There is not a time in this day and age that you do not see someone with a cell phone. The users are getting younger and older. The number of smartphone users is forecast to grow from 2.1 billion in 2016 to around 2.5 billion in 2019, with smartphone penetration rates increasing as well. Just over 36 percent of the world's population is projected to use a smartphone by 2018, up from about 10 percent in 2011 (2019). In the past decade, mobile computing has gone from a niche market for well-heeled enterprises with large field organizations to the fastest growing, and often most popular, way for employees of organizations of all sizes to do business computing. The near-universal adoption of mobile devices by consumers—who are also employees—has forced one of the most major shifts that corporate IT has ever seen (Cardinal, 2016).
Examples of Mobile Applications
Apps emerged from early PDAs, through the addictively simple game Snake on the Nokia 6110 phone, to the first 500 apps in the Apple App Store when it made its debut in July 2008 (Strain, 2015). The volume of content produced is going to lead us towards managing our apps in a different way. The most persuasive concept is the idea of the “card” – a design treatment you can already see on Twitter and Facebook across different devices – and which allows content to be aggregated and presented to the user in a consistent way. Secondly, mobile is moving out of the pocket and becoming wearable. With the growth of wearable tech, the need for intelligent aggregation of content will fuel app innovation (Strain, 2015). Federal agencies are doing well in fulfilling the 2012 Digital Government Strategy by providing numerous mobile apps for American citizens. According to a report from IBM’s Center for the Business of Government, 76 federal agencies have at least one mobile app. As of July 2015, there are nearly 300 federal government mobile apps that provide at least one of the following (Brantley, 2016).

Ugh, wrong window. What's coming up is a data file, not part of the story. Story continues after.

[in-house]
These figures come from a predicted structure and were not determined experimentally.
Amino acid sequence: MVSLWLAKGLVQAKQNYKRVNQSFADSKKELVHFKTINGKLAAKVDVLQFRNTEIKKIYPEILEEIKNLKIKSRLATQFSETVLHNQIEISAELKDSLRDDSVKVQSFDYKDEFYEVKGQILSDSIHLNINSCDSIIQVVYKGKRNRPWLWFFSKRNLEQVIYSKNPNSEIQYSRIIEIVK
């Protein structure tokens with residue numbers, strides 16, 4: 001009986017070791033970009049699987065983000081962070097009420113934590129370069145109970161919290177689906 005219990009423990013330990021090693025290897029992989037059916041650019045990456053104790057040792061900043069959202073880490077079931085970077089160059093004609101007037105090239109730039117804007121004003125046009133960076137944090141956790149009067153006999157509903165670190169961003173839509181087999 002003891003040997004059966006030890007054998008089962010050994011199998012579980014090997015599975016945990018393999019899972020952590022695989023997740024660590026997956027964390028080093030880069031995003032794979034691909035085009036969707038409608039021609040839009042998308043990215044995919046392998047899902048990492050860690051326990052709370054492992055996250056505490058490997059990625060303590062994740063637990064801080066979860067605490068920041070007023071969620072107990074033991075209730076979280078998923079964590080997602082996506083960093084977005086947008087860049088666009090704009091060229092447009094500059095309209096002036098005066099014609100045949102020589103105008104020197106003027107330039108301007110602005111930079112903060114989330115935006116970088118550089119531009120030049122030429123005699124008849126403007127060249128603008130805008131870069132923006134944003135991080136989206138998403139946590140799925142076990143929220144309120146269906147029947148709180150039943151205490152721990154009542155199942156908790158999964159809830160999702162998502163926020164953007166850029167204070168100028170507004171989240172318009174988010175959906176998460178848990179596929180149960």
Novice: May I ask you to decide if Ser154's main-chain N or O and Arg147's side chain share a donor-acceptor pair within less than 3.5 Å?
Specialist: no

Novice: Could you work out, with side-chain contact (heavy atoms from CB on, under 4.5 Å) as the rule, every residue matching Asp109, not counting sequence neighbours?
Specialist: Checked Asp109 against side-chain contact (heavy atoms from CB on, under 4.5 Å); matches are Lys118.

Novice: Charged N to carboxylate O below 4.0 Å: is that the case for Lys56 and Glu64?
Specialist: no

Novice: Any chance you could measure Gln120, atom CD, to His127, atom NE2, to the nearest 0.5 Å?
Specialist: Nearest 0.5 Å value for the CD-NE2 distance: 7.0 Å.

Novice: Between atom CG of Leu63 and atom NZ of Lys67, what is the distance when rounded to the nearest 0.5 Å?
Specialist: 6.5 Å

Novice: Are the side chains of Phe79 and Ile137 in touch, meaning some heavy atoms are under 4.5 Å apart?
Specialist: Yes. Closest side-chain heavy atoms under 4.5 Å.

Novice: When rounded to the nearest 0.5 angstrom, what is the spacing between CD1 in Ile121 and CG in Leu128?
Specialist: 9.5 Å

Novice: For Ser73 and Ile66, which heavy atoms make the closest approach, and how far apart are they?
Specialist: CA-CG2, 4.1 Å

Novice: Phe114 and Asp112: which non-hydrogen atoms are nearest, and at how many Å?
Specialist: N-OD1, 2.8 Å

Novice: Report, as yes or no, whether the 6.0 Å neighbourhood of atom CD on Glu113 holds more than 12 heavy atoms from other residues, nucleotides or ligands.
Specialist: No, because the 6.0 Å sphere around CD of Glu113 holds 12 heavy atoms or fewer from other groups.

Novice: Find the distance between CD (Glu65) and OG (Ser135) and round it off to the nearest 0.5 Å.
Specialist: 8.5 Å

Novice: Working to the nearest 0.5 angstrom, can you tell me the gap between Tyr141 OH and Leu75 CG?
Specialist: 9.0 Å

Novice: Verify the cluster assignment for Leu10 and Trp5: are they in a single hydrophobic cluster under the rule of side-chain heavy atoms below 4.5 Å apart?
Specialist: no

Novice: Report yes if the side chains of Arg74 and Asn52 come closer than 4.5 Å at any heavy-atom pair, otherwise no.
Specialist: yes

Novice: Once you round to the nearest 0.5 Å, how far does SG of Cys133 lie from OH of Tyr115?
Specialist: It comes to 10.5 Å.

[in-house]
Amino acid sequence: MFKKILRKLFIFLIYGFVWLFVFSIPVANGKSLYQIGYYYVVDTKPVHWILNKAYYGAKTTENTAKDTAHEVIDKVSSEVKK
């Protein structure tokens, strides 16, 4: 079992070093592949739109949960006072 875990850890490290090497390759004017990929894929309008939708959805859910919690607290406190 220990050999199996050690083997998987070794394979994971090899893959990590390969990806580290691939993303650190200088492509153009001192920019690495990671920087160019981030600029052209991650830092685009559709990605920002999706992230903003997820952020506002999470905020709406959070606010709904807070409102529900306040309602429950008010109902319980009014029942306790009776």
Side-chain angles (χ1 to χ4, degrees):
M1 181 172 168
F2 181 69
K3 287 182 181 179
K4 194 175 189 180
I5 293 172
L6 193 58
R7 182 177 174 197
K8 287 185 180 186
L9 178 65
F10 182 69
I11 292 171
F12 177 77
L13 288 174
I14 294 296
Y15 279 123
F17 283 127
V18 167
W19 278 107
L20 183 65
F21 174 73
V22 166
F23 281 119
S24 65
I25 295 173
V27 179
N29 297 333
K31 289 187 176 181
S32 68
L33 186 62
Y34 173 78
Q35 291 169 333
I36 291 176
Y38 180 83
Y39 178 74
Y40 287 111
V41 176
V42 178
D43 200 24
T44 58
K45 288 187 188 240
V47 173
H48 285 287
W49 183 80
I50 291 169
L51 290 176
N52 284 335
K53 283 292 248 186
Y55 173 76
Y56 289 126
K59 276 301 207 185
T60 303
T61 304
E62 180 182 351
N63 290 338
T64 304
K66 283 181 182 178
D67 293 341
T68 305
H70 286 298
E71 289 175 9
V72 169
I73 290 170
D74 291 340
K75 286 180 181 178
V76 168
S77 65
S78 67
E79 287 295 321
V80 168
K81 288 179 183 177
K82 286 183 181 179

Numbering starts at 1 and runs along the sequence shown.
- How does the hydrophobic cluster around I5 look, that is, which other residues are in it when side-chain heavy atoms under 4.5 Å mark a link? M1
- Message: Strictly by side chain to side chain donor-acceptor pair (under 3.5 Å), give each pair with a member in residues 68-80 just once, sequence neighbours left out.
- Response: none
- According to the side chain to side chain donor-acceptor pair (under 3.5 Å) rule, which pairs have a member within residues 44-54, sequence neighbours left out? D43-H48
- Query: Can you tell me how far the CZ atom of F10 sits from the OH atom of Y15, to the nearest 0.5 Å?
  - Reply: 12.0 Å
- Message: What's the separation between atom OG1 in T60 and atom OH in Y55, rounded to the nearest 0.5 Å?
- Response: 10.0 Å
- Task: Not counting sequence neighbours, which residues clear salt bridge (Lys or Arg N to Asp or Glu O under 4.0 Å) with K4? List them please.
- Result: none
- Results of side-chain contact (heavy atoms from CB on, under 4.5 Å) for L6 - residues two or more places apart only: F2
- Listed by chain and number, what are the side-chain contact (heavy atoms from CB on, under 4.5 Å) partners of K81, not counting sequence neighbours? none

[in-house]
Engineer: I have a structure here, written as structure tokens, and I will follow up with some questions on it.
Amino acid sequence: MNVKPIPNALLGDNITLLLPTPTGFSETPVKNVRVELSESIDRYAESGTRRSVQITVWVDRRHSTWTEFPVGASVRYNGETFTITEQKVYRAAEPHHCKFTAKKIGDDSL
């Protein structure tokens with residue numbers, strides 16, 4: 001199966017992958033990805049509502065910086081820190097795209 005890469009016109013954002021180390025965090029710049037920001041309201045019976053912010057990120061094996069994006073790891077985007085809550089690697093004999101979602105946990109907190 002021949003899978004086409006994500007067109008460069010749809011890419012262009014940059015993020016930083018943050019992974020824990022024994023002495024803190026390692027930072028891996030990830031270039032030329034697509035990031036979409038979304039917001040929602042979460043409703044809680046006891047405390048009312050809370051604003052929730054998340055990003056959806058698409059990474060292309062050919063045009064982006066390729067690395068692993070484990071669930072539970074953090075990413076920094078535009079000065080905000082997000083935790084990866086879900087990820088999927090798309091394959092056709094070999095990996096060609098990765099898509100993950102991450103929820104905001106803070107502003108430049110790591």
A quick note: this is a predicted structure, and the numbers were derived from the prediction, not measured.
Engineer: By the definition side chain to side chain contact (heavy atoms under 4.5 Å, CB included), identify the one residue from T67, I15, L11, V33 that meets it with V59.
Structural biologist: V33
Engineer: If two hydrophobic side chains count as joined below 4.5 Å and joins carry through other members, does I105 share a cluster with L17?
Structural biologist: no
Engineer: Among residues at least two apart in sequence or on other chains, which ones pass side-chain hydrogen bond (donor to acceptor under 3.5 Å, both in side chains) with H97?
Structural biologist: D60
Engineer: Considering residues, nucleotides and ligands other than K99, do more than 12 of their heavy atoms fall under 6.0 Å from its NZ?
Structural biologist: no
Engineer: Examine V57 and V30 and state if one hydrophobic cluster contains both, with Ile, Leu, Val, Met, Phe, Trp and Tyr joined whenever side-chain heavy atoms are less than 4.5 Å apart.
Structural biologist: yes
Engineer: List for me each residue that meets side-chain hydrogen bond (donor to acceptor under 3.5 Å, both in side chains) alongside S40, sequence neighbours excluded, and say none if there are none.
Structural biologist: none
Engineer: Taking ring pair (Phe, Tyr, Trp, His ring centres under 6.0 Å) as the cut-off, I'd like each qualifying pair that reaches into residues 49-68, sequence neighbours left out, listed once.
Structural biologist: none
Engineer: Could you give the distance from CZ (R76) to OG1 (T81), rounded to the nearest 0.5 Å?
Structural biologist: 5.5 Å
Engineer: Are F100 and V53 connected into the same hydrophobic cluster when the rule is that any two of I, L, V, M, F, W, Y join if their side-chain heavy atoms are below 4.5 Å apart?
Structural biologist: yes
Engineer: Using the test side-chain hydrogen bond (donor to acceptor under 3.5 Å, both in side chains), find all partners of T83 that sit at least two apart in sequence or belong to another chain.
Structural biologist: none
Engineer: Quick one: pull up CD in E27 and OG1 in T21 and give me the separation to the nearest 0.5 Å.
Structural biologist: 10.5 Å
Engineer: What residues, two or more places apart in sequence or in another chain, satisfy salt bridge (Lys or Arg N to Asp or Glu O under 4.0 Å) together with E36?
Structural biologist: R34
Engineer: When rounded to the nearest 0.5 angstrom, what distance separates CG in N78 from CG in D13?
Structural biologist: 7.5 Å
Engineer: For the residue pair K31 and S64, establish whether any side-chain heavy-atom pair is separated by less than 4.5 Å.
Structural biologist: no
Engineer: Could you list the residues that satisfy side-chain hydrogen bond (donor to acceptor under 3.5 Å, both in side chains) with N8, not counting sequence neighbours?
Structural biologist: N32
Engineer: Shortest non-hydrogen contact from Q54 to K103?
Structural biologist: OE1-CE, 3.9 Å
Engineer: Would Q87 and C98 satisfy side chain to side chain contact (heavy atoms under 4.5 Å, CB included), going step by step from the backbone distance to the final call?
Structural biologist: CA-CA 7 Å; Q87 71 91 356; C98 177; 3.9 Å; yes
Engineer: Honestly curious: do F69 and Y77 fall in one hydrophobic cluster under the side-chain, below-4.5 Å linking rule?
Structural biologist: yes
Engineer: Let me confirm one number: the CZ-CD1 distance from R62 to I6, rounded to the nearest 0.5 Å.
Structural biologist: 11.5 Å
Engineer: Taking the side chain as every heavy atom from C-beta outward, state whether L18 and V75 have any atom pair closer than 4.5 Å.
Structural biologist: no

The Environmental Protection Agency has a mobile app called EPA Waste Reduction. The iWARM widget displays energy-saving benefits of recycling. This is the widget-version of the iWARM, which helps consumers understand the energy saved by recycling small quantities of common household products, rather than landfilling them. The energy savings are translated into the equivalent amount of electricity, estimating how long that amount of electricity will operate a variety of household appliances (EPA, 2019). The Food and Drug Administration has a mobile app called Drugs@FDA Express. On this mobile app, the public can search for information about FDA-approved brand and generic prescription and over-the-counter human drugs and biological therapeutic products. The FDA currently operates the Drugs@FDA webpage, which includes information about drug products approved by the agency, including patient information, drug labeling, approval letters, reviews and other information. The Drugs@FDA Express mobile app is a streamlined version of Drugs@FDA, allowing users to search on their mobile devices for certain product information based on product name, active ingredient or application number using a single search box (FDA Commission, 2019). United States Department of Agriculture Food Safety and Inspection Service has a mobile app called “Ask Karen”. Ask Karen provides information for consumers about preventing foodborne illness, safe food handling and storage, and safe preparation of meat, poultry, and egg products. National Institute on Alcohol Abuse and Alcoholism has a mobile app called NIAAA ALCOHOL TREATMENT NAVIGATOR TOOLKIT. When you find a provider who looks promising, call and ask more about the treatment approach. We'll give you a list of questions to ask—and answers to listen for—that can help you determine if providers offer higher-quality care, and if they are a good fit for your situation (NIAAA, 2019). These are just a few examples of the different mobile apps that can be found and utilized.